I would compare it to the first book of hers I read: What Alice Forgot, because it has similar themes of marriage, trust and real-life situations.
But her style reminds me of Kingsolver in many ways, and Margaret Atwood.
No, but I am sure I will.
Tess....mainly because she emerged as my favorite of all of them (and to get Connor's phone number)
Highly recommended listen. I have read What Alice Forgot but plan to purchase it in audible now to listen to it read to me in the proper accent.
Someone who is in Philosophy 101.
Great stories have morals imbedded in them. That said, this read like a children's fable in the approach of the obvious moral questions being supplied more like a lecture. It read like a religious philosophy professor drilling a point.
A caring warm voice that makes do with another person's soapbox.
I would rearrange the scenes so that the moral dilemma was presented more subtly and not in a crescendo writing style,where everything comes together all at once. I would arrange it to feel more like real life, more believable.
I respect the writer's work, achievement, and point of view, and hope that my criticism is found to be constructive towards any future projects.
I listened for hours hoping to get something unexpected out of the story. Sad, troubled characters but no complexity or anything that really makes us care about them. I could not finish the book, towards the end the book became too ridiculous to even bear.
Not sure, content was hard to overlook.
Unafraid to read from any genre.
A very interesting and satisfying story of interwoven moral dilemmas. I thought that the narrator, Caroline Lee, did a perfect job. I admired so many of the small vocal moments in the way she chose to utter the lines.
I was drawn into the story and really enjoyed the story line and narration.
I felt wrapped into the story and eager to find out the secret
One of my favorites. This book was a recommendation from a friend and I was looking for an entertaining read after a difficult book. Perfect! But, by no means is this book lighthearted. Excellent plot, serious issues, an understanding of human nature, while still being very entertaining.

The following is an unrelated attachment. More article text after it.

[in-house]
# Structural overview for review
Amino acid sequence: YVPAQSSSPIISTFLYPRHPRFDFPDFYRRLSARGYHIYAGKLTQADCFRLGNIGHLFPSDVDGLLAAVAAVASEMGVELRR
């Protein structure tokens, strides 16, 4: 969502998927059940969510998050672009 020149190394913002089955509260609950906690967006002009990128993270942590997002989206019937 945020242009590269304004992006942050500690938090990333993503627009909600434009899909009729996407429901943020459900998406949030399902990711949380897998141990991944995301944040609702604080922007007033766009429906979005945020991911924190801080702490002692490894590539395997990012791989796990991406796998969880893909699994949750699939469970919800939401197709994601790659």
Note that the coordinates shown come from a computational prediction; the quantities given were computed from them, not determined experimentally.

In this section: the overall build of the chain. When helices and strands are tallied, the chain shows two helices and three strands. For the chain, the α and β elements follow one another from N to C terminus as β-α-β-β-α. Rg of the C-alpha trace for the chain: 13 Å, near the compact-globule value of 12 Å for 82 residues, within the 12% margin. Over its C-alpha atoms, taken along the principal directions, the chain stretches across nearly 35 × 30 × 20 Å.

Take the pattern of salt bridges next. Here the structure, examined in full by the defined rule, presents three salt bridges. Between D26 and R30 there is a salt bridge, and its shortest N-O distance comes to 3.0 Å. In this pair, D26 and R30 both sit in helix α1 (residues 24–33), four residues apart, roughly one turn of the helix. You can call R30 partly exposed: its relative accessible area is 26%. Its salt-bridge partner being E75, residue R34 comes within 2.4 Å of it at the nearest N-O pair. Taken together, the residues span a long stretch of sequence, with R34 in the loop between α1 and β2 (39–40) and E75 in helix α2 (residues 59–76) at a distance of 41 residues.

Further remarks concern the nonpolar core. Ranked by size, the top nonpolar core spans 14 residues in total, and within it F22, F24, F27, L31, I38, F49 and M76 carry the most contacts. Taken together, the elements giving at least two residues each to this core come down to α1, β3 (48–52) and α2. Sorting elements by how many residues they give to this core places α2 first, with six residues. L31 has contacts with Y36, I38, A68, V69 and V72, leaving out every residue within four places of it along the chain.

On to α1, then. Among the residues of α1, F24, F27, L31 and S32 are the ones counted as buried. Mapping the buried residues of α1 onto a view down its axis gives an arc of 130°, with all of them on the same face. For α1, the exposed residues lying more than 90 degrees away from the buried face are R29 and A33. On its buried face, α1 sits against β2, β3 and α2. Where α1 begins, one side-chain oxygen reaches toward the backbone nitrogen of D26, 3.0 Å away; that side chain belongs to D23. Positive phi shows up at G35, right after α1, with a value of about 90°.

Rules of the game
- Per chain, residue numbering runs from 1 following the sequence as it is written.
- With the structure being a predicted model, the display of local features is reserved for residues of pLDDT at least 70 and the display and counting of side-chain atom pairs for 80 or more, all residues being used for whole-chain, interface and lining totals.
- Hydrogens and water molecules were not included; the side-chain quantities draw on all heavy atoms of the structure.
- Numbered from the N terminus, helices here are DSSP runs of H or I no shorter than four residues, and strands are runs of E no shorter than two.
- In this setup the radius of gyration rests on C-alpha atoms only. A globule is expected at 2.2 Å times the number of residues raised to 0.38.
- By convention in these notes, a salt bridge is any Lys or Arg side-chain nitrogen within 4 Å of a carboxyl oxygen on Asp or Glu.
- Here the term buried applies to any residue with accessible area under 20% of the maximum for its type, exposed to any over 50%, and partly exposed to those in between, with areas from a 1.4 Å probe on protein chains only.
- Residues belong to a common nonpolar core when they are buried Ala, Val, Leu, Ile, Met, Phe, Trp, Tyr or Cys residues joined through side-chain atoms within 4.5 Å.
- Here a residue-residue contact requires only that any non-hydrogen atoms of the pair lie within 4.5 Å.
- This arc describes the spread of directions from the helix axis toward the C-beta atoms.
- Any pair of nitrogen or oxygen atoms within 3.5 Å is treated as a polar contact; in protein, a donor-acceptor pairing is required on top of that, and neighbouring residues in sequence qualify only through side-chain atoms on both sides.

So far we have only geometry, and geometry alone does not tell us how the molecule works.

The revealing of the husband's secret....but I'm not telling!
Absolutely. I only listen in the car, and always wanted to drive somewhere.
Audible editor and data evangelist. Lover of fiction, classics, thrillers, celebrity memoirs, and quirky teen novels.
The Husband's Secret offers a carefully woven tale of three Australian women whose lives intersect and unfold in truly dramatic fashion. The characters are developed at length and the build-up is a bit slow, but Moriarty paints each role with unique charm and wit. Admittedly, it isn't hard to figure out the contents of the letter long before Cecilia opens it, but the ending is full of twists and turns that surely nobody can predict.
I'm Trying to see the world with my ears.
I highly recommend this book. Just a very fun read from beginning to end. Story caught my attention and never let go. Recommend to anyone looking for a great story that you don't want to put down.
Member Since 2006!!
My mother warned me that I might get fed up with this book because she felt as if there was a cliff-hanger at the end of every chapter. I agree that would be irritating, but I did not get the same feeling.
I loved this story. To me, it was another great example of a book where you can just enjoy the ride and let the plot slowly unfold, let the various narratives run along, let all the stories eventually knit together into a drama and who cares how it ends because the ride was fun.
I never felt like I was left dangling, I was just intrigued throughout and driven to keep going because I liked the characters and wanted to read more about them.
If Liane Moriaty’s books are all this good, I’d like to read more!
I had never read anything by this author and have to say I really enjoyed her writing. She talks about the pain and suffering of daily life -- and how the smallest twists and turns can derail someone's path -- but with a lot of wit. I found myself laughing out loud many times, but also identifying with many of the characters' anguish.
The story has a few implausible coincidences and I guessed the "husband's secret" almost immediately, but neither thing affected my enjoyment. Like I said in the headline to this review, I was sorry to leave the characters behind when the book was over. I immediately downloaded another book by Moriarty ("The Hypnotist's Love Story") to see if it would be inhabited by similar people. So far, it's not as good as The Husband's Secret, but still a fun read.